How many times out on the park have you heard that cry: "What is he looking at?" That and all its variants: "You're missing a great game!" or "How could she miss that?" and "It was right in front of him, and he did nothing!" As an instructor I have dealt with this problem many, many times, and tried various themes as a way of impressing referees that knowing where and when to look is as important as knowing the laws. And after watching the Premiership these last few months, I have to say that the problem doesn't exist only in the amateur game.
So before I go on to the subject, let me ask a few questions of you . . . and then we'll have a practical demonstration from the eight-year-old daughter of two skillful soccer-playing parents, with whom I have had the great pleasure of playing.
The pundits all over the place are having a go at Chris Foy for expelling Vincent Kompany for a challenge on Nani in the FA Cup match last weekend. Their lamentations are everywhere: "It's the end of tackling as we know it," says one. "It's ruining the game," shouts another. "The skill of tackling will disappear if this keeps up," chimes in a third. And today we learn that the disciplinary body has rejected the appeal by Manchester City, and has suspended Kompany for four games; three for the challenge plus one more for it being his second red card this season.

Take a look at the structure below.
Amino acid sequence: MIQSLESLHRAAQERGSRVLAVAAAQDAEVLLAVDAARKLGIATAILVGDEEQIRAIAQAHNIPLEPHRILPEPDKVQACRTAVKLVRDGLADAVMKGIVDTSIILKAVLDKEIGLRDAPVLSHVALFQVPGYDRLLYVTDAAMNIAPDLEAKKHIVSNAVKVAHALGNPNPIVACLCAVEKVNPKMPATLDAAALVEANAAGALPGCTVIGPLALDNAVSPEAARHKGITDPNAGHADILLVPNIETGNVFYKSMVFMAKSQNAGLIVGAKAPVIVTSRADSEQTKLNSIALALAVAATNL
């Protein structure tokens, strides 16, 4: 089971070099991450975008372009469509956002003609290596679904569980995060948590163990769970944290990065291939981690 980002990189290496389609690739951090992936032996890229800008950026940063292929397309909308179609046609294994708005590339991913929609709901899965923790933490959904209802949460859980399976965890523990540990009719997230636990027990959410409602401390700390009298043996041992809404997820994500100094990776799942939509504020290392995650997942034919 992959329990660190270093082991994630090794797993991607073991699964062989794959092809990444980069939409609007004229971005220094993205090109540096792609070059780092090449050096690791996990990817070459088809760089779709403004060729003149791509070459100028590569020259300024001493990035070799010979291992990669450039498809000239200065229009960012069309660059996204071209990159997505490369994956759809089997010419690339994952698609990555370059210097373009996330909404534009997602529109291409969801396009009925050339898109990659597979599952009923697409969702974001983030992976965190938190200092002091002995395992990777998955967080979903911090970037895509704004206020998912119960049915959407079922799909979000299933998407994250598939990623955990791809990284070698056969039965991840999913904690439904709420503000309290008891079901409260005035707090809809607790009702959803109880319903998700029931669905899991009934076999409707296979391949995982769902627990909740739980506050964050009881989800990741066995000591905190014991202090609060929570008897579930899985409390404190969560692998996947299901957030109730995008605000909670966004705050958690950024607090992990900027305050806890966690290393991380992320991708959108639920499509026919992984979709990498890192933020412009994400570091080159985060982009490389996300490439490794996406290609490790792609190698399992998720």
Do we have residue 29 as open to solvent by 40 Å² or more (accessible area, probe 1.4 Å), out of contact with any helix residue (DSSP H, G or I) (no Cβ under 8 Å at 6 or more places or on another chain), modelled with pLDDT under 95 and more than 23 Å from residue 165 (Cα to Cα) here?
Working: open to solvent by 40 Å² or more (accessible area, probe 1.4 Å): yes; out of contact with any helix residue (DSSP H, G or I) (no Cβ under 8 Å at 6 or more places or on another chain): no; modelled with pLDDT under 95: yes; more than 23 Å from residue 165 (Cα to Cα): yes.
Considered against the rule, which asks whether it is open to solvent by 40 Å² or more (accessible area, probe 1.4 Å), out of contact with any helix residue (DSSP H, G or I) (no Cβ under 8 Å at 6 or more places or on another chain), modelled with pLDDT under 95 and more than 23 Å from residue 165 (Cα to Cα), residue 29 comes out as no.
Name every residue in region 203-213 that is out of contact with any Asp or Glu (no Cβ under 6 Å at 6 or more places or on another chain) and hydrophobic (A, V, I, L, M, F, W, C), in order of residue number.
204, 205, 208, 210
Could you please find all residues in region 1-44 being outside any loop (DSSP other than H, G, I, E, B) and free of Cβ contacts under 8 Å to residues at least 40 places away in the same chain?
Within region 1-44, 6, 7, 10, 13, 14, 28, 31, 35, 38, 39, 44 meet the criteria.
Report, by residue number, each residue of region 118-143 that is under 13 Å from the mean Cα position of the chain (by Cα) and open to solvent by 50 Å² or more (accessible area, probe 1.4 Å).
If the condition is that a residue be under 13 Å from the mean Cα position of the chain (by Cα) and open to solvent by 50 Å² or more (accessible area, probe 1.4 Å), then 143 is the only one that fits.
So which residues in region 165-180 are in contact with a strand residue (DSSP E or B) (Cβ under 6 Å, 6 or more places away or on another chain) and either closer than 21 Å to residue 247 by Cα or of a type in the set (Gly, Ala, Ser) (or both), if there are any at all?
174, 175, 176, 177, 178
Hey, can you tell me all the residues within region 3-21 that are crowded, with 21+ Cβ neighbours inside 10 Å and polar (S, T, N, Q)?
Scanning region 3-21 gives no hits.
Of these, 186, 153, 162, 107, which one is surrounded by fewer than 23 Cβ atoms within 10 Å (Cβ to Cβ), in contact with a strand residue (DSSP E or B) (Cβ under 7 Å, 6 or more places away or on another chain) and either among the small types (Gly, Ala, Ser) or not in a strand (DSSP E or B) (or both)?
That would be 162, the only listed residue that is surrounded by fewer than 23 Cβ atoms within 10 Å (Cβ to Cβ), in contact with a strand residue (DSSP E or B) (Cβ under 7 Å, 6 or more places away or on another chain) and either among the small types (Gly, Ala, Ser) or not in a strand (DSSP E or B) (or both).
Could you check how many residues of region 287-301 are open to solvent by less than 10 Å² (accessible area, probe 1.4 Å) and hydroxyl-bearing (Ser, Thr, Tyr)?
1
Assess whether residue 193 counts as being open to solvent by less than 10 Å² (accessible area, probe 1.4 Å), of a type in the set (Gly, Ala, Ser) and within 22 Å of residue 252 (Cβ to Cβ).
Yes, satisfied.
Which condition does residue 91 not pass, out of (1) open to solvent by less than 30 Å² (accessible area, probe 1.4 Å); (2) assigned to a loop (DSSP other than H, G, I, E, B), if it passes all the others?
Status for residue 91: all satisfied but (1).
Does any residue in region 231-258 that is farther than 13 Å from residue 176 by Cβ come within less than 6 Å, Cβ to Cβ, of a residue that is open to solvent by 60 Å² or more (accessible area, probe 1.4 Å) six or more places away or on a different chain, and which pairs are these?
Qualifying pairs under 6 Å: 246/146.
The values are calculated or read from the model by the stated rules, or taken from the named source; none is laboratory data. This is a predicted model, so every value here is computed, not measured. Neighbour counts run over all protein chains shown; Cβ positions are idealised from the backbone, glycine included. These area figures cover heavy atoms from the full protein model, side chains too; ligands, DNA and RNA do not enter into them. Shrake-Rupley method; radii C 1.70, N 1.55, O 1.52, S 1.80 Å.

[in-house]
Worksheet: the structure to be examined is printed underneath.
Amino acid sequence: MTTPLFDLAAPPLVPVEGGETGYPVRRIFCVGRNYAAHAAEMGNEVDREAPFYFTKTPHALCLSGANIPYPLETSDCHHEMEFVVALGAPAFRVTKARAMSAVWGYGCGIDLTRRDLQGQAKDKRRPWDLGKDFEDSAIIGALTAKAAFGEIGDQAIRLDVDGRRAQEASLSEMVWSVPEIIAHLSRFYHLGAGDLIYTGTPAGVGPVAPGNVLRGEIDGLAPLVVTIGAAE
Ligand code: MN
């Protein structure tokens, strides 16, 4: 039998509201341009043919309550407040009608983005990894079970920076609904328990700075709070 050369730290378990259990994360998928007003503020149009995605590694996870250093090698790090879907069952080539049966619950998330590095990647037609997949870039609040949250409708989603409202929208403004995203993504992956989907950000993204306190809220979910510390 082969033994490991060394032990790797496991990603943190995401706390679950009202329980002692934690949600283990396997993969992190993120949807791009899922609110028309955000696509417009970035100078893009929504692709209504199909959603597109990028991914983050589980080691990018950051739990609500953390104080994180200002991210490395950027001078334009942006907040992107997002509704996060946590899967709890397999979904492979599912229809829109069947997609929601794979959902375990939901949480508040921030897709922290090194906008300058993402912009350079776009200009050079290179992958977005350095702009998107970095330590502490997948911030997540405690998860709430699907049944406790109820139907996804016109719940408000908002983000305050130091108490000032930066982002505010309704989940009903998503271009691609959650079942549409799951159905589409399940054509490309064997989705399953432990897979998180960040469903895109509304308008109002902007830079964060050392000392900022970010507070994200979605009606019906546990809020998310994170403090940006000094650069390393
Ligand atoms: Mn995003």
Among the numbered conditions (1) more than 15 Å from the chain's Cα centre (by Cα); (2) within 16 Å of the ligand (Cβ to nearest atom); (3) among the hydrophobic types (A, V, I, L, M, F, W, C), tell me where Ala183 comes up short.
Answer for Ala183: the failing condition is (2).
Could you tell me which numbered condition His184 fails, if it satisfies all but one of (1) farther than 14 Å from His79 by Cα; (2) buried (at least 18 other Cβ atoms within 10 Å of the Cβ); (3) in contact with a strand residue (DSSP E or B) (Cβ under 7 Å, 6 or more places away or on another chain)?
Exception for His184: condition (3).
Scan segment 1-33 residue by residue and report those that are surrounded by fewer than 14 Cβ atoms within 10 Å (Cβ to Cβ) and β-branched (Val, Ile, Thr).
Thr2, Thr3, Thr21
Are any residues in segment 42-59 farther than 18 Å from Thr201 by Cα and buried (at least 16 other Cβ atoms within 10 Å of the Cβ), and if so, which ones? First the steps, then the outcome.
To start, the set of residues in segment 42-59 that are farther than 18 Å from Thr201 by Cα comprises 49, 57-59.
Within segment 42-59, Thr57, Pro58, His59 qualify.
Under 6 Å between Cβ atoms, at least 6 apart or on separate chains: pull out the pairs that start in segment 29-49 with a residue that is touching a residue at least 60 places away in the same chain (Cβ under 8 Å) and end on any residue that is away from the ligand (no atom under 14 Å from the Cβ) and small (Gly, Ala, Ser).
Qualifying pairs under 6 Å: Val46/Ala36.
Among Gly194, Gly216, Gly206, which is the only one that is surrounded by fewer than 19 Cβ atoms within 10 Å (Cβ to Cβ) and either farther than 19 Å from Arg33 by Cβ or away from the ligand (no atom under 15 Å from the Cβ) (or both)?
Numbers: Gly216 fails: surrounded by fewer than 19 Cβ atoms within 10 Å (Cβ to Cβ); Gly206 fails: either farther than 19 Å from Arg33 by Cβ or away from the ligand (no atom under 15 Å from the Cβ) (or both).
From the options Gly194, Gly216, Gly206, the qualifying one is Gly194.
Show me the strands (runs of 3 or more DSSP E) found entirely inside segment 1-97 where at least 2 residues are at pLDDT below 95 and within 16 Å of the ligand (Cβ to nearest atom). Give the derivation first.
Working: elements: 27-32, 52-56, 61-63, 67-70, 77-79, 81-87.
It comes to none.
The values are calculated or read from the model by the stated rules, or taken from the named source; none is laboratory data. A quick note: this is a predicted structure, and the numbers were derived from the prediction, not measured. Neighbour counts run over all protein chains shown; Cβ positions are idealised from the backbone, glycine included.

Herewith, the photographs. Let's take a look at the challenge in the cool, clear light of hindsight and dispassionateness.
I'll have something to say about the movement and observation by referees this afternoon, stimulated by this posting from Hong Kong. This site is detailed, carefully written and full of shots from videos of Premiership games. I heartily recommend it for sound observations, detailed analysis and its entertainment value. I believe I have recommended this site before, but another reminder is not superfluous:
A lovely little brouhaha is building in England about the half-a-million new commemorative fifty-pence pieces in circulation, with an explanation of offside on the backside of the queen's image. According to a story in this morning's Guardian, a well-known referee (called "expert" in the story) has complained that the coin (get the story here) will cause confusion because, in his words, the information on it is totally out of date.
It's fun to read, even though the writer (David Hills) botched the story, revealing that he knew neither the history of Law 11 nor the fifteen-year-old changes in how we emphasize involvement by players. Here in the United States, we had the law figured out and widely taught by the end of the eighties, and I always smile when I see examples of how far ahead we were of the originators of football. What then is the problem?
Since posting yesterday on the commemorative ("Offside") 50p coin from the Royal Mint (UK), I have had a few requests for more information. I had done a little searching, by no means exhaustive, after I read some news reports, and here is what I sent to the author of one of the requests: